Mikawachi was the home to Hirado ware, which is now called Mikawachi ware. (see also Ayatakado Field Trip to Mikawachi). The first Hirado Tousyo was appointed by the feudal lord of Hirado as a potter to establish the kilns to produce porcelain in Mikawachi in 1637. During the Edo period (1603-1868), the family created highly artistic porcelain wares ordered by the Hirado feudal administration. They have produced porcelain with high quality for generations. With his wife and a painter Eriko, Fujimoto Gakuei, the 13th generation of Hirado Tousyo, studies ceramics further to create even better pieces than the ones the predecessors in Mikawachi have created.
Ayatakado interviews Fujimoto Gakuei and Eriko to ask them what inspires their creativity in the environment where tradition has lasted for 400 years.
Interview with Fujimoto Gakuei
- Your family has handed down the name of Hirado Tousyo for generations. Was it already scheduled that you would carry on the name of the 13th Hirado Tousyo when you were young?
We had many potters and painters in Mikawachi back then. I saw their lives as craftspeople and I thought I didn't want to be like them. However, I watched a film titled “Roots”, the leading character looked for his roots in the story, and I was motivated to grub up my family history. Then I found that there were 12 generations before me, and I even saw our name in old documents. It was when I turned 20, and that made me interested in ceramics.
- So you stayed away from ceramics until then.
I stayed away from it but there was something to admire with the artisans' skills. I saw them throwing pots on wheels and applying wash paintings on large dishes, and I thought that I wanted to give it a try. I thought they had great skills and there was something inspired me there.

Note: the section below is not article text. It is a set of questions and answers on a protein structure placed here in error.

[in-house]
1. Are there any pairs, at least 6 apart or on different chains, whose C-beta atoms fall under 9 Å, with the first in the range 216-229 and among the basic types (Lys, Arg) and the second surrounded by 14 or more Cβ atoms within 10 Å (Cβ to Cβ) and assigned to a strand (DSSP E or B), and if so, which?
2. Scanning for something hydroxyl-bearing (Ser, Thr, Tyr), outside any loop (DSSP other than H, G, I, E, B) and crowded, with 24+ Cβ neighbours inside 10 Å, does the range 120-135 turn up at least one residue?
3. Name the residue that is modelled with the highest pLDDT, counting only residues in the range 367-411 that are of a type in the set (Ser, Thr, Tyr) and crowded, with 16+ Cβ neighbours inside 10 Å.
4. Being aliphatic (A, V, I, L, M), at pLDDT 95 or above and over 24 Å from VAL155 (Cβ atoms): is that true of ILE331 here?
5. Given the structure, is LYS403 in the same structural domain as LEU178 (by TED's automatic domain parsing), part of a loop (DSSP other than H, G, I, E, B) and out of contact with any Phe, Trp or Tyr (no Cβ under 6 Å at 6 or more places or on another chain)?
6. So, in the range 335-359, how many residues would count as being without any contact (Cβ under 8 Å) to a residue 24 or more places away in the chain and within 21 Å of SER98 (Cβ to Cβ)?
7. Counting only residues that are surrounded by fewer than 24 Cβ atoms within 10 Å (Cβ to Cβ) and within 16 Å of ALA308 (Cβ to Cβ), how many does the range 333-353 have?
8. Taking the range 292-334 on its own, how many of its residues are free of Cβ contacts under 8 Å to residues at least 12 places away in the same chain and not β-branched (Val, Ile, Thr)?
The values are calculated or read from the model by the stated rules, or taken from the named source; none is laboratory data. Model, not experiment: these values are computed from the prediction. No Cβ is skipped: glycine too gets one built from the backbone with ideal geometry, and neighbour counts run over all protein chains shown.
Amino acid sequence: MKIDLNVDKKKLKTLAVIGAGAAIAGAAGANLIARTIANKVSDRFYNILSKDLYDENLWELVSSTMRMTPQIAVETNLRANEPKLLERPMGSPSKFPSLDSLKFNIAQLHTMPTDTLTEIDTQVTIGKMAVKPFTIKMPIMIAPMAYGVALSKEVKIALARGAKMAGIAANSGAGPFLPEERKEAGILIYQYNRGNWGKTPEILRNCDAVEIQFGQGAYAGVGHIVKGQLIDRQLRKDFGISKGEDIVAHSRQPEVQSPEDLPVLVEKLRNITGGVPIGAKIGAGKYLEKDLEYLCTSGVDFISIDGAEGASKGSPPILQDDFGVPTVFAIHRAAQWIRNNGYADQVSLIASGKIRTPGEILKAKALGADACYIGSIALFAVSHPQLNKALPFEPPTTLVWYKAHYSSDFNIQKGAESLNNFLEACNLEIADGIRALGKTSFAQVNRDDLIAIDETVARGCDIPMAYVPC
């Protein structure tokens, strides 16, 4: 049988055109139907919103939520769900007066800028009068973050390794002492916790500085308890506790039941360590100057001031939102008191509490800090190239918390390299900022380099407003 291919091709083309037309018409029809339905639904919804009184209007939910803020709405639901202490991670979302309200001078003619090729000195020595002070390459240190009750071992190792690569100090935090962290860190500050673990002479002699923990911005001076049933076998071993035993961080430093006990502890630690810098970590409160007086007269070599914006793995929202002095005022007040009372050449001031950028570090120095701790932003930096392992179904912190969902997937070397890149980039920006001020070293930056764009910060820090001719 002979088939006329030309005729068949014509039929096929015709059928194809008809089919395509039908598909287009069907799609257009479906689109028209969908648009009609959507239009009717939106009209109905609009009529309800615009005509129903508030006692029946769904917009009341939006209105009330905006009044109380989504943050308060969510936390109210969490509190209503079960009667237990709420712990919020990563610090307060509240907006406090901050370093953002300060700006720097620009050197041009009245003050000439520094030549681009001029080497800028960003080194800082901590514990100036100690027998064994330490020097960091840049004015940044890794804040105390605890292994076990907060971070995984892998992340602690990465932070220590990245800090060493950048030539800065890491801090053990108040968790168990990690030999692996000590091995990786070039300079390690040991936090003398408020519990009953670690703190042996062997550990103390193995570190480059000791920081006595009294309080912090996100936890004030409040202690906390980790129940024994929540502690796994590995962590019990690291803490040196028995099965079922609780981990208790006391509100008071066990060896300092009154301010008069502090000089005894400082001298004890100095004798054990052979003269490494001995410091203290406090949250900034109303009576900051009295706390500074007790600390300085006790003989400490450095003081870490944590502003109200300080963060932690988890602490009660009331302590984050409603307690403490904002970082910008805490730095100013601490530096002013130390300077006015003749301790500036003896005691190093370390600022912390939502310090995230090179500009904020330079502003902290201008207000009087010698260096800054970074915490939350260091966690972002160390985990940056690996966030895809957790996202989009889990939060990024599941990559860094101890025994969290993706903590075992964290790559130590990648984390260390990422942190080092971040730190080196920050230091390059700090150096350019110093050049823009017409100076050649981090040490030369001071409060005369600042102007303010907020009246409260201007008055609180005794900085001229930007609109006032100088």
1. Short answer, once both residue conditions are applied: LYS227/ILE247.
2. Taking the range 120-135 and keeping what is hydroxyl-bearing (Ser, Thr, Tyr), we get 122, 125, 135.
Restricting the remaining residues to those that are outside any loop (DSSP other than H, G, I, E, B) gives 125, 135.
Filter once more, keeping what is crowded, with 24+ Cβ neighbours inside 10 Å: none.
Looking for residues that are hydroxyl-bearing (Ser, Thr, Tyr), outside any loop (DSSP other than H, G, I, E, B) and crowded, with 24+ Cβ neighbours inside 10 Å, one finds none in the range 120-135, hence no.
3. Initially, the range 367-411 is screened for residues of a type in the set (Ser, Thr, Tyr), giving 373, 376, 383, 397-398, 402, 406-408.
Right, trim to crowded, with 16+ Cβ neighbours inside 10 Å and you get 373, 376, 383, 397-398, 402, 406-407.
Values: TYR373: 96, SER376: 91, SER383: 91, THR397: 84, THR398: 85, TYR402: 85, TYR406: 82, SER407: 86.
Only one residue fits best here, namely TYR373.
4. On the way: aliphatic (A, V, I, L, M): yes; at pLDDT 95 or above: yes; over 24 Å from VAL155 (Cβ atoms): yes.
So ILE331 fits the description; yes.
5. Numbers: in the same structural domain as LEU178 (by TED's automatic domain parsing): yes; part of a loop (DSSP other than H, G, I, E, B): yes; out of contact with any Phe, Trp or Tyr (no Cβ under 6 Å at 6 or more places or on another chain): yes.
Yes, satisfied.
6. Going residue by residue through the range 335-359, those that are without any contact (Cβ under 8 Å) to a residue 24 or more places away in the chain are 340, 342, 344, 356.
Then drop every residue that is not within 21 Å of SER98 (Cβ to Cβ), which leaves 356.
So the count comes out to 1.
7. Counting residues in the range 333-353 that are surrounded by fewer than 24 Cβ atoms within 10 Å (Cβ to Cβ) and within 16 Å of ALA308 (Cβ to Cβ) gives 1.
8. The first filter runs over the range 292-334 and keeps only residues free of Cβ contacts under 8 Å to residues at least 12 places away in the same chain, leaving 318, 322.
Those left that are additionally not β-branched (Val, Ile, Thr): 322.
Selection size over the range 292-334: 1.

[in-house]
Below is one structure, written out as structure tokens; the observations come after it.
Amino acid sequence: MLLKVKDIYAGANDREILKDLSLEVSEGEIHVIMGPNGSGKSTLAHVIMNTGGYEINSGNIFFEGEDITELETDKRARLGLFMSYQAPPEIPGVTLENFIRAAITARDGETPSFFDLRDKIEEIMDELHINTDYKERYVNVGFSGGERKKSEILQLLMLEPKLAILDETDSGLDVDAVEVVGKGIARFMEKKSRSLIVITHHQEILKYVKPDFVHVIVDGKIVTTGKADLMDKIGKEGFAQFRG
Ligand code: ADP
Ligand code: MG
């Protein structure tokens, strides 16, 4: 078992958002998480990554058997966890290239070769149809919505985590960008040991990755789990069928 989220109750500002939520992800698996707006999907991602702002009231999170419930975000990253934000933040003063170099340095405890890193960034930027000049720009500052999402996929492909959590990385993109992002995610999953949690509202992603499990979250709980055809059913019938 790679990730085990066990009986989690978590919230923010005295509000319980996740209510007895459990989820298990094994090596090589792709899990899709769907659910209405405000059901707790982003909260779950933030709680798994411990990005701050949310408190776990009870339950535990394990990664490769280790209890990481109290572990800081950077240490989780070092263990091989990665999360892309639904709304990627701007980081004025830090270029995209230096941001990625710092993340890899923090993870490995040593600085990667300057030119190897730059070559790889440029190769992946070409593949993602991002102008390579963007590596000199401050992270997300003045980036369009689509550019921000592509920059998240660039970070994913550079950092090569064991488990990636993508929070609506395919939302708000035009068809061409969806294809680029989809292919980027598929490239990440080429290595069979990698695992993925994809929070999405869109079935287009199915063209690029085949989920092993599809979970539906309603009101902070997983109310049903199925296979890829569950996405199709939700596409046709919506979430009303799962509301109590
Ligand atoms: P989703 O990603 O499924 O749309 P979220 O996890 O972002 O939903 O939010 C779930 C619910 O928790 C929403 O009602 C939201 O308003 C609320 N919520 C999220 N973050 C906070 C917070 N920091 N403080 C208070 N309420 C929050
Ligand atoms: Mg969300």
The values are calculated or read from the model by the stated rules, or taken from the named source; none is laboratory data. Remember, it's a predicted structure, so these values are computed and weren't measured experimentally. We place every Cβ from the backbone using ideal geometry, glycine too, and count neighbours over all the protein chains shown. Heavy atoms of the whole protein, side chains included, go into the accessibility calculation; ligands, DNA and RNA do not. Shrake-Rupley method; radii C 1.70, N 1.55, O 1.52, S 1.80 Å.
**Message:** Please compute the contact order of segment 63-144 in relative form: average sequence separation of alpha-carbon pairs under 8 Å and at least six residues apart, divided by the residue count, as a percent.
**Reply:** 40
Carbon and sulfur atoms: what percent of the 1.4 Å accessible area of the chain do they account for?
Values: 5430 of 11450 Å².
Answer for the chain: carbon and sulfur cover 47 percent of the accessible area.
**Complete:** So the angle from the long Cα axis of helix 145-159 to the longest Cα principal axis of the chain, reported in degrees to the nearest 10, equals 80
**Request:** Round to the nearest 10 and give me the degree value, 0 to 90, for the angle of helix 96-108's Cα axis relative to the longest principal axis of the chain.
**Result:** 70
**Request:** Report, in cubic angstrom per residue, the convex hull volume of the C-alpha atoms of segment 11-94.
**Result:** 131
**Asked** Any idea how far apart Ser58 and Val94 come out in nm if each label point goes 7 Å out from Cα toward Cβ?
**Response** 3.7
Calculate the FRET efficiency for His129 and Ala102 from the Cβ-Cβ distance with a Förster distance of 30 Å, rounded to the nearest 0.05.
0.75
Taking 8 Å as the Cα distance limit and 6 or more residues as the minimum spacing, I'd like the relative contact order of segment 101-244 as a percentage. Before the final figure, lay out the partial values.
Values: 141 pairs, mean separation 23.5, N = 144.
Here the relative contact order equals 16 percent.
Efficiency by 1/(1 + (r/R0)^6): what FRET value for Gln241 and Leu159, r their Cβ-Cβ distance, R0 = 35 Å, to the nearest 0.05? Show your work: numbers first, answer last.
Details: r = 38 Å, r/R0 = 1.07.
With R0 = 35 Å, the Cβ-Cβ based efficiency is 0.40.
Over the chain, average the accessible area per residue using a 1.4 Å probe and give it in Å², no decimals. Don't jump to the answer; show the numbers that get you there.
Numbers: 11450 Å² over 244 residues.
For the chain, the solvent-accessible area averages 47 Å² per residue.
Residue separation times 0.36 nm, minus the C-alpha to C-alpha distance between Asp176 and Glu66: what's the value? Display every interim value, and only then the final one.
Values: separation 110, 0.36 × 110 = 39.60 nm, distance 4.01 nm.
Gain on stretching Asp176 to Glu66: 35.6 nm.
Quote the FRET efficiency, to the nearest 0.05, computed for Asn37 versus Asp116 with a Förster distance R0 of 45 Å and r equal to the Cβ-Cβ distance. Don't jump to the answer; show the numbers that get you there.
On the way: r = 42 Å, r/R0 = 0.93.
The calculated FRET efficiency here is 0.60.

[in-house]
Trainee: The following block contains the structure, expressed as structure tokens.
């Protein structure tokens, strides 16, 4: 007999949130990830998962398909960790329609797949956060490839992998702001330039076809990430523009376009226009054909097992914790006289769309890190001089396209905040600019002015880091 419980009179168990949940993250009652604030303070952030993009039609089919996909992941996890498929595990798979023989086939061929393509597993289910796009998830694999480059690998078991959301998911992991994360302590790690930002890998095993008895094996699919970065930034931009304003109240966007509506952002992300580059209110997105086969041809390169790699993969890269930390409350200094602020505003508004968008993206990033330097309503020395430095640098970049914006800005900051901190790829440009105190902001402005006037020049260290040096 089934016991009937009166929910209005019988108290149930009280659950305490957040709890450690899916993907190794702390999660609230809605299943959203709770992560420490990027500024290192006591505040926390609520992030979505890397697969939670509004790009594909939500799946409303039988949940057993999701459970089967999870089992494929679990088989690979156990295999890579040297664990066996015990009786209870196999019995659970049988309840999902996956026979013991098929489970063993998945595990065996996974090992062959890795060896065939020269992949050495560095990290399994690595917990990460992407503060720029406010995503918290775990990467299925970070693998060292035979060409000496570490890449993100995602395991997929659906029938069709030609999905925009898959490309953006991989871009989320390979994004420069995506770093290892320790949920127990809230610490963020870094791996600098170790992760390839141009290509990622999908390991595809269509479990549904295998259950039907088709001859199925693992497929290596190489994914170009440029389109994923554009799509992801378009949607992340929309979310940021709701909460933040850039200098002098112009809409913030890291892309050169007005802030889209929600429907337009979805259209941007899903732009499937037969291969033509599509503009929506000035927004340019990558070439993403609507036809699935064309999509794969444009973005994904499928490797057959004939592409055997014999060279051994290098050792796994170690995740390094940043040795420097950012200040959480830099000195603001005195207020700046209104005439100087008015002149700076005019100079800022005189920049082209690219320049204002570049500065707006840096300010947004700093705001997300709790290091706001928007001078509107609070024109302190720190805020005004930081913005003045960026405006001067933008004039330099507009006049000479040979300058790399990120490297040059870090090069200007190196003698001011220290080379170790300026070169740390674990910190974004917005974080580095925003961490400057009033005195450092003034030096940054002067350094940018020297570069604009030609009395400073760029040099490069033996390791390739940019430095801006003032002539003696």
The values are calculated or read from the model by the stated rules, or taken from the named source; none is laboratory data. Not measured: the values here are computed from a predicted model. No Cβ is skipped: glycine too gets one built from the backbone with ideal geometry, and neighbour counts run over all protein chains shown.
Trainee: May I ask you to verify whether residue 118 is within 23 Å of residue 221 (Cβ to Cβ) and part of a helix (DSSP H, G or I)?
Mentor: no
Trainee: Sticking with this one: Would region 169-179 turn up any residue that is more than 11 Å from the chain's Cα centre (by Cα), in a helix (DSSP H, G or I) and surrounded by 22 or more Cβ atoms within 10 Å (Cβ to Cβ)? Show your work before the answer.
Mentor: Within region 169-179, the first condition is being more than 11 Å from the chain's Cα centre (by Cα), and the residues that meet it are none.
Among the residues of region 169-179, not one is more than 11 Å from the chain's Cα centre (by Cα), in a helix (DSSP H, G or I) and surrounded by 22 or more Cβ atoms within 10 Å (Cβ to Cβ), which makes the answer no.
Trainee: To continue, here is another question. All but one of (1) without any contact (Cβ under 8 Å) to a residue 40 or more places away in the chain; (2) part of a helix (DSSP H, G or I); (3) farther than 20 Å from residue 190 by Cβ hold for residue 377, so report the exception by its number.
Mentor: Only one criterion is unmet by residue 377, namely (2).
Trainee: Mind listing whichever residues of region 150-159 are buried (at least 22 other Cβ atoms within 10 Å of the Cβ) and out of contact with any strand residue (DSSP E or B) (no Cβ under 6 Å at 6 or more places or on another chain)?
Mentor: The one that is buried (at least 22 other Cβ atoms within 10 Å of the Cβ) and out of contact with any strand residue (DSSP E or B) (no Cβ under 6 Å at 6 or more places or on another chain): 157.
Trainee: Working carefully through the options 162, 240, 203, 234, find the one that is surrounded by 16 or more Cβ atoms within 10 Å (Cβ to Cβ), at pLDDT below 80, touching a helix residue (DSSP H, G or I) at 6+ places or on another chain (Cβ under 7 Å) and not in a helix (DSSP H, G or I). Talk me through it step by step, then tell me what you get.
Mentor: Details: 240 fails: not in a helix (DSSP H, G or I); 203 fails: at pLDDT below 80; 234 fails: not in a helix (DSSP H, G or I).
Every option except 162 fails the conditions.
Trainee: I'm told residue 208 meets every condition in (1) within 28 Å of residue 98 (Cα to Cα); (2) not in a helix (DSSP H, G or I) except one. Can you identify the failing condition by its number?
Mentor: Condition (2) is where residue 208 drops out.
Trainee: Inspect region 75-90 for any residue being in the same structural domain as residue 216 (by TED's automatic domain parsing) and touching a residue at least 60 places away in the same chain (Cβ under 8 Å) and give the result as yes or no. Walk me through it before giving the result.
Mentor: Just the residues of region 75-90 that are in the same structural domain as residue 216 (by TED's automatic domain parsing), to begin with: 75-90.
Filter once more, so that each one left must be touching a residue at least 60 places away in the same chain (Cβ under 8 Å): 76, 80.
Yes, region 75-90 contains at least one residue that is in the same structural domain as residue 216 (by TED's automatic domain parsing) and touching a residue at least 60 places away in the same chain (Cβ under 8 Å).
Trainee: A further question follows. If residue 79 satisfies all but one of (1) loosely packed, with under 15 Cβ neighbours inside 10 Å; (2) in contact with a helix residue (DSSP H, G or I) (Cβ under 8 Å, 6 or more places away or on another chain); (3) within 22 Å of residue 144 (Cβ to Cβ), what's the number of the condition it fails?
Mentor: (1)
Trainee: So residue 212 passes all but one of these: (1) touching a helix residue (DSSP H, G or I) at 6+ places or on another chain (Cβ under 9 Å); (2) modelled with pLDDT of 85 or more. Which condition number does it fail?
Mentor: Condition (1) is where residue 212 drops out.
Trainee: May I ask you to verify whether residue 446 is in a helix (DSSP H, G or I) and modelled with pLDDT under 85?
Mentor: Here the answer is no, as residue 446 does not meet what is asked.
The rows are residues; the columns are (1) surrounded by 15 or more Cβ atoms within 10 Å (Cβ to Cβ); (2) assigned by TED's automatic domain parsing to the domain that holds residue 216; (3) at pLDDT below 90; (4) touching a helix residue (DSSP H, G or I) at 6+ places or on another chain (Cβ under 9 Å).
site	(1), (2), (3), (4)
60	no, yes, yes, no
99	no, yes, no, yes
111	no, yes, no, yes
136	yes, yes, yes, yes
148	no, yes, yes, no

- Please tell me about the time when you were learning skills and then you started your own production in Mikawachi.
After I saw “Roots” and researched history of Mikawachi, I found that the artisans in the old days studied painting first. So I thought I had to study painting and went to Kyoto. I studied Japanese painting in Kyoto for 4, 5 years. Then I came back here but I felt like learning pottery outside Mikawachi, so I went to Tobe. When I was in Tobe, however, the craftspeople there told me to go home. They said that I should study in Mikawachi, or neighbouring Arita, which were the places producing first class ceramics. Then I came back to Mikawachi but I was told to study somewhere outside, so I was apprenticed to a ceramics manufacturer in Arita in the end. At that time, I also learnt throwing from a master artisan in Hasami to be able to make round-shaped vessels. I had a master painter who I often talked to near here but I acquired necessary technical skills from neighbouring regions though I lived in Mikawachi. Because Arita, Hasami and Mikawachi are in the same Hizen cultural region where we share the same ceramics production methods, what I learnt from Arita and Hasami are basically practiced in Mikawachi, too. When I finally started my career in Mikawachi, I wanted to create something that hadn't been created here before. In Mikawachi, no potter had created so called yohen (colour variation during firing). It wasn't made in Japan before the Meiji period. Potters started using shinsha (oxblood ⁄ copper red glaze) or yuriko (underglaze copper red) for decoration in Meiji Japan but all the works made then were not great. I wanted to give it a try and I have been making yohen wares since then.
As I carried on, I realised that the works created without respecting the history of Mikawachi were not highly evaluated. I tried executions of many different porcelain wares and created something new that no one had created before as by-products from the trial, but they were not evaluated at all. They were not evaluated appropriately because no one had ever done them before. The truth dawned on me as I improved my skills of throwing and painting, and then the eggshell porcelain ware that had been always by my side came into sight (see also Ayatakado notes Eggshell Porcelain Ware). Then I started working on it and finally I restored lost production methods successfully after a few years of trial and error. The very first time I made it, I wondered if it was the real eggshell ware that I had been trying to recreate. I wondered if I really recreated what no one had created for last 100 years.